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. Last Updated: 07/27/2016

Guinea Signs Military, Bauxite Deals

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Russia signed military and other agreements with Guinea on Friday, reaffirming bonds with former Soviet allies in West Africa.

Guinean President Lansana Conte and President Vladimir Putin signed a wide-ranging declaration of friendship and partnership, covering issues from arms to aluminum.

Guinea, which is fighting Sierra Leonean and Liberian rebels along its southern border, is shopping for weapons, especially after an explosion destroyed a major stockpile of arms in March. "Our subregion is suffering more than a little since the beginning of the war between Sierra Leone and Liberia," The Associated Press quoted Conte as saying.

"[We want to] obtain a sufficient stock of arms to repulse and crush any rebel incursion … [and] replace stocks of arms destroyed in the explosion at the Alpha Yaya arms dump," Reuters quoted a senior Guinean Foreign Ministry official as saying.

News agencies quoted Putin as saying, "We are aware of the difficulties faced by you, Mr. President, and your colleagues … have good experience in cooperation, which has existed for more than 40 years."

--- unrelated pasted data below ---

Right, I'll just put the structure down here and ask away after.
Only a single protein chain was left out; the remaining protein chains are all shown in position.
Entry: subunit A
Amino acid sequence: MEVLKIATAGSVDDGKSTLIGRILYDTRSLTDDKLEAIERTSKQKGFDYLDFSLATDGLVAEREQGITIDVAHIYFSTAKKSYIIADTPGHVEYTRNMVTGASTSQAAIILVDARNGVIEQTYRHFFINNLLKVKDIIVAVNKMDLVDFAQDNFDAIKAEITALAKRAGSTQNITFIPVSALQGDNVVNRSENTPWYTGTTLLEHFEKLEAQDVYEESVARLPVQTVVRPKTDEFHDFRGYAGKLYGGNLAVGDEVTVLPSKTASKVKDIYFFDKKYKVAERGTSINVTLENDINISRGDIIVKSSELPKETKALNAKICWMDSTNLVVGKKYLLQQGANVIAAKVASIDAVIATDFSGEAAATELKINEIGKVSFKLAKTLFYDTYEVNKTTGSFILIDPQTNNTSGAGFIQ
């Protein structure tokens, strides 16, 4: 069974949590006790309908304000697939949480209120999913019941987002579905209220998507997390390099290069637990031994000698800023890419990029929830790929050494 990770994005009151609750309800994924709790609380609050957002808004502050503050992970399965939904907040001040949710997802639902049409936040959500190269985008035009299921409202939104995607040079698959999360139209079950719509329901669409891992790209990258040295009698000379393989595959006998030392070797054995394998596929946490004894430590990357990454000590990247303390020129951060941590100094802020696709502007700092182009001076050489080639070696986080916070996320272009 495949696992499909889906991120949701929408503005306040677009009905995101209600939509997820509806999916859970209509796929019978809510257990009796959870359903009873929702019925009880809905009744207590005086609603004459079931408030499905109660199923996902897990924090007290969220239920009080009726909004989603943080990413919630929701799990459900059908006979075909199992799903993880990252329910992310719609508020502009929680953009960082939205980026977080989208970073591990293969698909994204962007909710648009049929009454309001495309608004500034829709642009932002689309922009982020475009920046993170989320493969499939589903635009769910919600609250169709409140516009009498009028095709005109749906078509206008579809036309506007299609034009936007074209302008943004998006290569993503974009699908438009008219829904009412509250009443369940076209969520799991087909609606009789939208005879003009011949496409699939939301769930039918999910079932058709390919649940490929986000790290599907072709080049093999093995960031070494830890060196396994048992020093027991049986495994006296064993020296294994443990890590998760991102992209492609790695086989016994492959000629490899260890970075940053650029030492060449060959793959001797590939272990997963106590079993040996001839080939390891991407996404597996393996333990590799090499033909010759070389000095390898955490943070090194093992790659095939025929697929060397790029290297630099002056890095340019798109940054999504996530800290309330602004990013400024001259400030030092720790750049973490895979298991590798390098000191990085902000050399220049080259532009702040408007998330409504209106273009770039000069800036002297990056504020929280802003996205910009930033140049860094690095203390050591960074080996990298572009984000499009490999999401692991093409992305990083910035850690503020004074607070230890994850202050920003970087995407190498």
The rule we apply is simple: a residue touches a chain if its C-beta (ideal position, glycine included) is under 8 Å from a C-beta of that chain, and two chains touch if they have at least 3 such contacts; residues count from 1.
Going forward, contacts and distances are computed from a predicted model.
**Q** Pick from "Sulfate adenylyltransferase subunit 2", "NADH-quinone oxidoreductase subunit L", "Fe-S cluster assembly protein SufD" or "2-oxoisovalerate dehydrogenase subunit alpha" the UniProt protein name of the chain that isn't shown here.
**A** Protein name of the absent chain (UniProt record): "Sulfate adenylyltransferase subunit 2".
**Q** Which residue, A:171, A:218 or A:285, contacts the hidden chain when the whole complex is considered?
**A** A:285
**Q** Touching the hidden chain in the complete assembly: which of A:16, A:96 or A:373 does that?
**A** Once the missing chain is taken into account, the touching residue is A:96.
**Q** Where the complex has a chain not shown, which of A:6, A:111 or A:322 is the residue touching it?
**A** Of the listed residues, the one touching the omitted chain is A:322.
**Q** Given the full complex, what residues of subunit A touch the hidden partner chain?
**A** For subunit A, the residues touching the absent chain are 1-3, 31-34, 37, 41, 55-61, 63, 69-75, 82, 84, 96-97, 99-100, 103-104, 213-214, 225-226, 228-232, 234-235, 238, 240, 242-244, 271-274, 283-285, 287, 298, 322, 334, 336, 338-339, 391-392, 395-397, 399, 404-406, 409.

The Soviet Union had a strong presence in Africa, aiding communist regimes in development in return for arms sales and access to natural resources.

The declaration of friendship signed by the two presidents also envisioned cooperation in bauxite and alumina production, Interfax reported.

According to local news reports, Conte's visit was sponsored by Russian Aluminum, or RusAl. Conte and RusAl CEO Oleg Deripaska signed an agreement Friday for the development rights to Guinea's coveted Dian-Dian bauxite deposit, according to a RusAl spokesman, who declined to give details.

Analysts said the deal was good for RusAl as it has more production capacity than access to bauxite or alumina.

Guinea has about 20 percent to 30 percent of the world's known reserves of bauxite, the key raw material in aluminum production. Bauxite accounted for more than 90 percent of Guinea's $86 million worth of exports last year, Kommersant newspaper reported Saturday.

With 1 billion tons of high-quality bauxite ore with an average alumina content of about 50 percent, the Dian-Dian deposit is one of the world's largest, and negotiations to develop it have dragged on for years. Part of the plan, according to Interfax, is to create a single Guinean bauxite-alumina complex in a consortium with Kazakhstan, Ukraine and Azerbaijan. Such a project would cost an estimated $1.73 billion and would produce 11 million tons of bauxite and 1.2 million tons of alumina annually.